I’ve been helping a pretty large team for a few months now. Today I attended a user group meeting today on SecondLife delivered by Brian Harry of VSTS/TFS. It is very clear that there are some issues that get exacerbated when you have a very large project.
The first one that comes to mind for me is the formation of teams. It seems that while some organizations are moving to cross-functional teams to some degree, the silos of discipline management still exist and tend to get in the way. Brian Harry talked about the “Feature Crew” at Visual Studio. These teams are cross functional but are created for specific feature sets. These teams have specific goals and tend to be disbanded when the set of features are complete. The team members often have multiple assignments simultaneously. I’ll have to say that this is a step in the right direction in that the system and business capabilities are grouped with a team to deliver them. This tends to help with the coordination of work between teams. However the fact that they do not let the teams work together over an extended period means there is a lot of forming and learning about the team that is overhead.
One of the other problems is the tracking and processing of bugs. Because of the integration issues and the use of branching techniques to give the teams a relatively stable platform to work on, there are lots of bugs created and significant effort has to be put into managing and tracking them. If you have a project with thousands of active bugs, you have a very big problem.
However the biggest issue I’m seeing is the lack of visibility of the delivery of business value. Huge projects are generally managed by feature delivery and bug rates and counts. Most of this comes from the coordination of the work on the teams and the poor communication of vision down to the scrum team level. This results in the scrum or feature teams doing massive amounts of interpretation on the requirements and the result is a bloated codebase with excessive complexity and enormous testing and integration issues. Without a clear top-down expression of the vision for the product and the release the feature teams are virtually free to dump on the product.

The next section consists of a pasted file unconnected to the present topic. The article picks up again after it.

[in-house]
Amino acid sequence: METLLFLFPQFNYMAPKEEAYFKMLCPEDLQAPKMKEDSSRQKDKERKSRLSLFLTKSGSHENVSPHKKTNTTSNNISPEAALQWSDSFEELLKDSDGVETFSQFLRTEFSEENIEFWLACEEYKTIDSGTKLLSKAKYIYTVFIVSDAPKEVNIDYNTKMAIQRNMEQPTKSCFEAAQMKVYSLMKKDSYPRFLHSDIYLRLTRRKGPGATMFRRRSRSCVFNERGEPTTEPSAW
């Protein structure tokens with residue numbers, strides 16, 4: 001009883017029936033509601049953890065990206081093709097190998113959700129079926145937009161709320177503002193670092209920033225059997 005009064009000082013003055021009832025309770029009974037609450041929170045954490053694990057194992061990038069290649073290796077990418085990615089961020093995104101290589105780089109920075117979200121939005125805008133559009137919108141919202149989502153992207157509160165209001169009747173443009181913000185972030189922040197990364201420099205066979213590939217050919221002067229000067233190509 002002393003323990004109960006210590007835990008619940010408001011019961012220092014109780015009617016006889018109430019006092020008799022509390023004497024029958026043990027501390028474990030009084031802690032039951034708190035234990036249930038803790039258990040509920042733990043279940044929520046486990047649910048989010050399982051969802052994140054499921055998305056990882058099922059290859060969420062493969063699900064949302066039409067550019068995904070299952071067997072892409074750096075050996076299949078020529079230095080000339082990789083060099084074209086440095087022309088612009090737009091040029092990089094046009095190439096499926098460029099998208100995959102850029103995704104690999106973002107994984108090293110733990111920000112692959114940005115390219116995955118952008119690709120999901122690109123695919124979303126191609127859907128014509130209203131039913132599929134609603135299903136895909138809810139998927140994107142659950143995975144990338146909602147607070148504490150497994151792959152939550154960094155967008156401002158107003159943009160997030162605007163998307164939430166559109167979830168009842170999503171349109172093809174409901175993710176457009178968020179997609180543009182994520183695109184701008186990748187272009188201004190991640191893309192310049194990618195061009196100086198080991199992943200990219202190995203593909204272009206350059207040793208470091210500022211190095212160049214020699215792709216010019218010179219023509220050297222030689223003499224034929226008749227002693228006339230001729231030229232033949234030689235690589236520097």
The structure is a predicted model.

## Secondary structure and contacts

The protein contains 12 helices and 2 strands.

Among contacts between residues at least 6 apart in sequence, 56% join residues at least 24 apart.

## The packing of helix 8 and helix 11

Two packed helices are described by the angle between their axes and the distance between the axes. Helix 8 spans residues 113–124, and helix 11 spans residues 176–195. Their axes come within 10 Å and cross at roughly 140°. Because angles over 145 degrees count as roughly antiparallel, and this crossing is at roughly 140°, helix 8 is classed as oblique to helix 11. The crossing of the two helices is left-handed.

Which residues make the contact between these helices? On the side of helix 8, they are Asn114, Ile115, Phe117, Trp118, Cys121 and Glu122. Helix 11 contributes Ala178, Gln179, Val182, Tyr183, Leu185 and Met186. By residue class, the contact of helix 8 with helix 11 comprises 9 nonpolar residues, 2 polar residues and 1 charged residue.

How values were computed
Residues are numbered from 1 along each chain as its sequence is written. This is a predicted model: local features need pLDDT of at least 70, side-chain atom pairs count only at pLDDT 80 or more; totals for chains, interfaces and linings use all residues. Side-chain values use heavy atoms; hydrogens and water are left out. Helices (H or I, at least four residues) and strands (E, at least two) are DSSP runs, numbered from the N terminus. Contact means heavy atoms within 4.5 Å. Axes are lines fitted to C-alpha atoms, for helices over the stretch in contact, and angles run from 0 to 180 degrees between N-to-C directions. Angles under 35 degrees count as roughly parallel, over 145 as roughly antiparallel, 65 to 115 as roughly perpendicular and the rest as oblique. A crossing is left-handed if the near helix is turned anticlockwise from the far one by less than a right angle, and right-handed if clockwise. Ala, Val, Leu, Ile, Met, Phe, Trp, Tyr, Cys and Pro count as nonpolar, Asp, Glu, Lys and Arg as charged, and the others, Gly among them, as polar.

All of these problems lead to release plan accuracy issues. The traditional way this happens is slipping the ship date. However the more dangerous risk is not delivering what the user needs. How do we reduce the impact of these issues?
Firstly we should NEVER slip a ship date. Our customers, users, clients need what we are building, otherwise they would not be paying for it. They get no value out of software that they can’t use.
Secondly we MUST adopt a business value driven approach to managing the work and the teams. This means that product and project management have to change. Traditionally either the specifications/requirements are either so massive as to not be understandable or so limited they are little more than hand waving.
To accomplish these two goals we have to prioritize the business value and constantly react to what the team is delivering. The scope of the release WILL change, but if we have prioritized based on relative cost and relative business value we can deliver the important features on time.
This takes metrics and project status reporting. Brian Harry said that metrics should be about making you ask questions. I could not agree more. However the most important question should be about the progress toward delivering high priority business value. If the teams were organized around business value items and the bugs were categorized by business value area then we could stop working on bugs that don’t impact the release plan. We could also concentrate more on the quality of the code with the basic principles of cohesion, low coupling, testability and clarity.
It does not matter what tools you are using, the focus should be on the delivery of business value. Track stories, bugs and scenarios in an appropriate way for your team, but concentrate, reward and deliver business value early in a way that will allow you to deliver business value quickly in the future.